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Prevalence of Mental Health Conditions and Symptoms Among Emerging Adult Cannabis Consumers Compared to Non-Consumers: Preliminary Results from the Herbal Heart Study

Alexandria Cashman
University of Miami

Co-Authors: Amrit Baral1, Bria-Necole A Diggs1, Ranya Marrakchi El Fellah1, Sarah E Messiah2, Raul Gonzalez3, Barry Hurwitz1, Claudia Martinez1, Denise C Vidot1
1University of Miami, 2University of Texas, 3Florida International University

Background: As cannabis legalization, normalization, and its use expands, the incidence rates of mental health conditions and symptoms in young adults, a population with a relatively higher prevalence of cannabis use, has been on rise.  Understanding the mental health implications of cannabis consumption in the younger population is crucial as this milestone is critical for brain development and emotional regulation. The study aims to shed light on the varied manifestations of mental health symptoms, including heightened sensitivity, stress, irritability, racing thoughts, and mood swings among cannabis consumers and non-consumers.

Methods: The data analyzed are from an ongoing Herbal Heart Study cohort of young adults aged 18-35, to examine the impacts of cannabinoids and diverse cannabis consumption methods on subclinical cardiovascular risk. Cannabis use was self-reported and further confirmed by rapid urine drug screening during enrollment. Participants underwent a comprehensive mental health review using standardized measures, reporting any experienced mental health-related conditions or symptoms within the preceding 30 days. Prevalence of the conditions and/or symptoms were compared between cannabis users (CUs) and non-users (NUs). Descriptive statistics were computed and Chi-squared/Fisher’s exact tests where appropriate were conducted using SAS Analytics with a two-tailed alpha set to 0.05.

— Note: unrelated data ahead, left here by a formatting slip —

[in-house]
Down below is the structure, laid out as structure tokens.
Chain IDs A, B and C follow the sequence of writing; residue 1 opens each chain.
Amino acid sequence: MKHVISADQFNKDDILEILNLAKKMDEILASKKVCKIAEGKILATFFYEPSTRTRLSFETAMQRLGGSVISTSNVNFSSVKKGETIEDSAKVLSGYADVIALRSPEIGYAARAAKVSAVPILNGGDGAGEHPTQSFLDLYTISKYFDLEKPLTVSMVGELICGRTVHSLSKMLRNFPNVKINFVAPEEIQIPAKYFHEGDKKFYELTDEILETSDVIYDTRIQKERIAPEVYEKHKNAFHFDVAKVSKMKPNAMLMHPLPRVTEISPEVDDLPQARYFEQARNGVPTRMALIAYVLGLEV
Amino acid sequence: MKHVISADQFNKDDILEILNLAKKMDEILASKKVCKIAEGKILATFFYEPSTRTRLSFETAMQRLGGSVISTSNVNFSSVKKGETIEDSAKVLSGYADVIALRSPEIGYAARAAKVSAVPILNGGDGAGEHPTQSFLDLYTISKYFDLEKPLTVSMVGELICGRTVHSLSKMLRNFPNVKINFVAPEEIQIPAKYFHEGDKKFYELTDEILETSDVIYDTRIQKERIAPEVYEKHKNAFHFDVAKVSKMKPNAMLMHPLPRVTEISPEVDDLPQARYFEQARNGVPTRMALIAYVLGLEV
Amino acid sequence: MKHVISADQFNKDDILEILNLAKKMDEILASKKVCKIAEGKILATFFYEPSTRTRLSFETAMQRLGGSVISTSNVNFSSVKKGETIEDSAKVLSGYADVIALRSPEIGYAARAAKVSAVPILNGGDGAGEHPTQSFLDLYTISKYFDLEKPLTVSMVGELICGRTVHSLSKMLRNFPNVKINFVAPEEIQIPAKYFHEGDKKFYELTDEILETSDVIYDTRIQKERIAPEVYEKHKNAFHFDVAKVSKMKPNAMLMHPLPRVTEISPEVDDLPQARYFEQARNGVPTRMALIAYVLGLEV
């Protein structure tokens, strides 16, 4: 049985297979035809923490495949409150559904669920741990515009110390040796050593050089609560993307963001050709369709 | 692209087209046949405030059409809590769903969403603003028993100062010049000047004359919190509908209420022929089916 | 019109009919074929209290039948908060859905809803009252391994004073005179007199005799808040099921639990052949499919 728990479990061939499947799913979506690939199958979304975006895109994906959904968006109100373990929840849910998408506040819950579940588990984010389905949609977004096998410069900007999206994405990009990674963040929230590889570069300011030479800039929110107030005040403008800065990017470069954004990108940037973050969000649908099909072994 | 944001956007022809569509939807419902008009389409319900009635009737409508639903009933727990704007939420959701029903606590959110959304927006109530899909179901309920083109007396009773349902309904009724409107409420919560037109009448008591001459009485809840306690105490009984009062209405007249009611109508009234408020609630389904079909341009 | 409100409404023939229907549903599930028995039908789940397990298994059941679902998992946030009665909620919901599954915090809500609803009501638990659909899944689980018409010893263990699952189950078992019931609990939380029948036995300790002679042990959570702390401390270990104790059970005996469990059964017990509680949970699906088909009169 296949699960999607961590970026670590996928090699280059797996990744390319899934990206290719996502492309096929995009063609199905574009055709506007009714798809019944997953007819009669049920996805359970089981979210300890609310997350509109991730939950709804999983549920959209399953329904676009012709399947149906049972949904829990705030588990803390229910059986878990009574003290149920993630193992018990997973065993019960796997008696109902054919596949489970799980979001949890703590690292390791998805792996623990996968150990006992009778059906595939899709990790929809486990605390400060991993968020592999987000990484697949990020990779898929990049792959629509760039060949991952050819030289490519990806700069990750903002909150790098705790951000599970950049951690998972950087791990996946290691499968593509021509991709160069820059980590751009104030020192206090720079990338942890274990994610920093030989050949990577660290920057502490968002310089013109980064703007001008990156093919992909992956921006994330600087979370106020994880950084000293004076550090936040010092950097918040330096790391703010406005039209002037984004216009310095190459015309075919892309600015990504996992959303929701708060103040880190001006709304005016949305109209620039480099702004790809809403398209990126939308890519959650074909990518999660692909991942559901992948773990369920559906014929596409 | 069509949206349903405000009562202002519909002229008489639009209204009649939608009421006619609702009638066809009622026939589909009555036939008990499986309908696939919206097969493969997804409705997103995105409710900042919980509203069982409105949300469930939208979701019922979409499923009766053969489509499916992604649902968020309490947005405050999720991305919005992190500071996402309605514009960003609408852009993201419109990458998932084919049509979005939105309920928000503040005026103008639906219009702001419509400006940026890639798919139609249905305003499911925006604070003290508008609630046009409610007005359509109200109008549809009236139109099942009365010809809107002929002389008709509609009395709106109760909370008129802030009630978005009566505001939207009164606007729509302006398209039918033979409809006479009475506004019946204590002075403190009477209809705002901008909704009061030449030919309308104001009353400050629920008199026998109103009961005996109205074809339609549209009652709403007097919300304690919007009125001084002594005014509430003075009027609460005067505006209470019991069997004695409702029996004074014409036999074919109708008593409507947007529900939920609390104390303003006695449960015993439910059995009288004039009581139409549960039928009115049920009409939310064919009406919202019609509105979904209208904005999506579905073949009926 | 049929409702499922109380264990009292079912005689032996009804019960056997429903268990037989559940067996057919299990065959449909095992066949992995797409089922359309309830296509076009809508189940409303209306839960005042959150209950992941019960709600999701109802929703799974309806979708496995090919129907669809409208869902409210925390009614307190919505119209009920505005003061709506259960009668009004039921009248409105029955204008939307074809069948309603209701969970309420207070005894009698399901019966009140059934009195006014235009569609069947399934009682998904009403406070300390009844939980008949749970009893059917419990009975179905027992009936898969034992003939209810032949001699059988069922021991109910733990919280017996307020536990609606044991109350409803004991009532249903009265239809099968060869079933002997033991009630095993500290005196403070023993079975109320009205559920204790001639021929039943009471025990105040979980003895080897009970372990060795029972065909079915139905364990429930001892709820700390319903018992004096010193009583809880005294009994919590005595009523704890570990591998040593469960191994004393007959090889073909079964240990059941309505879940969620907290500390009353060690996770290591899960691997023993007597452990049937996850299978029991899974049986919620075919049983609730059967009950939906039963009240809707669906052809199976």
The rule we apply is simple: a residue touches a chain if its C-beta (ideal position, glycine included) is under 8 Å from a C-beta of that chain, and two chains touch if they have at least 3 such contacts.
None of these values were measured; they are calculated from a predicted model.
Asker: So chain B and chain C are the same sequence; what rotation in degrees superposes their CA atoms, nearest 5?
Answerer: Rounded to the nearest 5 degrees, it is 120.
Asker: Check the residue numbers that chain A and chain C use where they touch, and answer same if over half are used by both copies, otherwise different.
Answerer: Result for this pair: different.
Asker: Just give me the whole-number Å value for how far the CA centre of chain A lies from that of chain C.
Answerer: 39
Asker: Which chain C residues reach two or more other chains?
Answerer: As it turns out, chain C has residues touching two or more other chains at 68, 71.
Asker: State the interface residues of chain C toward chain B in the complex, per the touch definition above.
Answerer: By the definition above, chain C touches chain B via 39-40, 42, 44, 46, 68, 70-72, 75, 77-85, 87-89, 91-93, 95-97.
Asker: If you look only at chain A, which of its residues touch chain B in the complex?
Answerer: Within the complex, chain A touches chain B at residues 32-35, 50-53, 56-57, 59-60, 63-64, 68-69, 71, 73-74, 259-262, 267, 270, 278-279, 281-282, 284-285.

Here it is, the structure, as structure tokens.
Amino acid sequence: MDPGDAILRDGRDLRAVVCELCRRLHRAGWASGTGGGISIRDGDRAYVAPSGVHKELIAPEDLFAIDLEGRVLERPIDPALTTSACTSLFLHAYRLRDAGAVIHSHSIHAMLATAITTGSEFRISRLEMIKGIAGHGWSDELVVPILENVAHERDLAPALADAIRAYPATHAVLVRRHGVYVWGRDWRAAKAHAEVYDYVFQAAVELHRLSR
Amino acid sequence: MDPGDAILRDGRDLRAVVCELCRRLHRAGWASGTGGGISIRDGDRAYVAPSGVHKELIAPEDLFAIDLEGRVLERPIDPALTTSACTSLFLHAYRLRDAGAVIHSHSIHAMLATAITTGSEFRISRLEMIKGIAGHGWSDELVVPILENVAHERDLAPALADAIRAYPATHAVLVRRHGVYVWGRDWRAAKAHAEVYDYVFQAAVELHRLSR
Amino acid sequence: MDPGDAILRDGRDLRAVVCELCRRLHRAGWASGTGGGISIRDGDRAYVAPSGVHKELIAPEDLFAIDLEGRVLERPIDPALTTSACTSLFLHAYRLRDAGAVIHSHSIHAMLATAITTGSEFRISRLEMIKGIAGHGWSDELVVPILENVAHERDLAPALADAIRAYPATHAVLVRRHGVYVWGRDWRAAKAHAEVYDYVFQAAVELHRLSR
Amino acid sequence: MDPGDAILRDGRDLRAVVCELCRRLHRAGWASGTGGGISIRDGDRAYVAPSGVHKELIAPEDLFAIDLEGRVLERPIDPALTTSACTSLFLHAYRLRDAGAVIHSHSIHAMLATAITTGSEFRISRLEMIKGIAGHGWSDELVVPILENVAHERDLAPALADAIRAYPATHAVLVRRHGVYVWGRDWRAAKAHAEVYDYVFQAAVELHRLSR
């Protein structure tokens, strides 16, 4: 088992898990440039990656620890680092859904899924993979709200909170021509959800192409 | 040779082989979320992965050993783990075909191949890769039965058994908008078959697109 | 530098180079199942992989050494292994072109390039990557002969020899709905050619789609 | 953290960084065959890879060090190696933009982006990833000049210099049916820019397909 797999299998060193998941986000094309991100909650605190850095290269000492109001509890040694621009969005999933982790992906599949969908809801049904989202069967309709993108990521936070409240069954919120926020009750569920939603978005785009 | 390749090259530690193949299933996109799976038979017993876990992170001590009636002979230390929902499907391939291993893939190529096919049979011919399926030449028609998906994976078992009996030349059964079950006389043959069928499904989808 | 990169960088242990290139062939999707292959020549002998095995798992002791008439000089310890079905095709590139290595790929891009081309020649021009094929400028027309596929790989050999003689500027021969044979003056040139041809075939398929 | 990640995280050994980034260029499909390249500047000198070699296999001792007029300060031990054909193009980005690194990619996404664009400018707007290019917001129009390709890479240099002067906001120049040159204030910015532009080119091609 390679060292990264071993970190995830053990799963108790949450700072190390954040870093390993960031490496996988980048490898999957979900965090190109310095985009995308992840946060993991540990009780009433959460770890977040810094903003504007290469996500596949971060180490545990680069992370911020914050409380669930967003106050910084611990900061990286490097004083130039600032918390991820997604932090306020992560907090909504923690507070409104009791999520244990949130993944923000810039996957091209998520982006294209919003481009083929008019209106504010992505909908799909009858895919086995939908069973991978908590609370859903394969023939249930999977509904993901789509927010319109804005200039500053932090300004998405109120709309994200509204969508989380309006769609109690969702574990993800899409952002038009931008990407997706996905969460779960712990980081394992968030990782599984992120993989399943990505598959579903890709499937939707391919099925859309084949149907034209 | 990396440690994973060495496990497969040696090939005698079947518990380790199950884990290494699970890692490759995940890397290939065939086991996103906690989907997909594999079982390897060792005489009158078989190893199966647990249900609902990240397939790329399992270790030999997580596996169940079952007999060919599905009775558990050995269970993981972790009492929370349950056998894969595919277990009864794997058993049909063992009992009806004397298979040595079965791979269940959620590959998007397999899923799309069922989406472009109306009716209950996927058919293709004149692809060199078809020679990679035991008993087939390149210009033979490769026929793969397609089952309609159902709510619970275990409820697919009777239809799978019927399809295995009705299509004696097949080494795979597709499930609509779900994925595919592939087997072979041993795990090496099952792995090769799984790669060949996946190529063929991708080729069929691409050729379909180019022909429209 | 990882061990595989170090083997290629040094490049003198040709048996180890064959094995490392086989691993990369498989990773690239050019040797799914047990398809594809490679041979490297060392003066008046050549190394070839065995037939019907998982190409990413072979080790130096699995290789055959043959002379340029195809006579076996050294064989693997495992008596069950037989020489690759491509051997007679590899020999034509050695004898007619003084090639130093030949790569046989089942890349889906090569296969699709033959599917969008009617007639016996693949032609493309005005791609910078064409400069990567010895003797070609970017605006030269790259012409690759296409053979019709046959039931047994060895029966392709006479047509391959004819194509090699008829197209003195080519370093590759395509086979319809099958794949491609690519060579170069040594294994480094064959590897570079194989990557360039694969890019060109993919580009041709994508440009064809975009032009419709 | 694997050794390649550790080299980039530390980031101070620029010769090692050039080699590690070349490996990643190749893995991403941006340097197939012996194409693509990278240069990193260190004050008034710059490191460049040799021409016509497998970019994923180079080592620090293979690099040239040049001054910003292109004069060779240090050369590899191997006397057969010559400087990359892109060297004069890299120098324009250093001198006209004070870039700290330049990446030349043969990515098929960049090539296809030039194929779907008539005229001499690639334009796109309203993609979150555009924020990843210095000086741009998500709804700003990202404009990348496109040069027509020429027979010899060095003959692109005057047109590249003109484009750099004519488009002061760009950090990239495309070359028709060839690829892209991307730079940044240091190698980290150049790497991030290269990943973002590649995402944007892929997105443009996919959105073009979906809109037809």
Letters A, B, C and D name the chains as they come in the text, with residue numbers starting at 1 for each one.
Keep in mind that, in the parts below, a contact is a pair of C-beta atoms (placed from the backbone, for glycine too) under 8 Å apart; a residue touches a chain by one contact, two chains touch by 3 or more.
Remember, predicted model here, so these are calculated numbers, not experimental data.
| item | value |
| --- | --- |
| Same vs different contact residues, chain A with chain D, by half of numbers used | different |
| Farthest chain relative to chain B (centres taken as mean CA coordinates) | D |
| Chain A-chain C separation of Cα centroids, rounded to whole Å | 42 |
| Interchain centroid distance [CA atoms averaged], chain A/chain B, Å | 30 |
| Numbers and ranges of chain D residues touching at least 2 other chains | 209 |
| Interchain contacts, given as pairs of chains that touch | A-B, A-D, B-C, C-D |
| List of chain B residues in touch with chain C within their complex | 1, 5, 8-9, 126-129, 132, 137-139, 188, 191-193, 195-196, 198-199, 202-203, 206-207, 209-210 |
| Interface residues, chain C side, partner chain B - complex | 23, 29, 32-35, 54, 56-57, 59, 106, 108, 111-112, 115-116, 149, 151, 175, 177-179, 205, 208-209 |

Results: In the overall sample of 150 young adults, mean age was 26.4 years (SD=4.5), 66.7% were female, 51.3% Hispanic/Latino and 50.7% cannabis users. 20% reported experiencing depression, with a significant difference noted between CUs at 30.3% and NUs at 9.5% (p<0.01). Anxiety was reported by 35.3% of the sample, predominantly among CUs (48.7%) compared to NUs (21.6%, p<.001). While 14.7% reported excessive worries overall, no significant difference was found between CUs and NUs (p=0.188). Significant differences in sensitivity were observed between CUs and NUs (15.8% vs 4.0%, p=0.017). Stress was reported by 42.7% of young adults overall, with no significant difference in prevalence between the two groups (p=0.602). Irritability was more prevalent among CUs (26.3% vs 8.1%, p<.01). Additionally, racing thoughts were reported by 21.0% of CUs compared to 5.4% of NUs (p < .01), and mood swings were noted in 14.5% of CUs versus 4.0% of NUs (p=0.028).

Conclusion: Notably, higher prevalence of depression, anxiety, irritability, racing thoughts, and mood swings were observed among cannabis users than non users, highlighting the need for targeted interventions addressing the mental health implications of cannabis consumption in this demographic.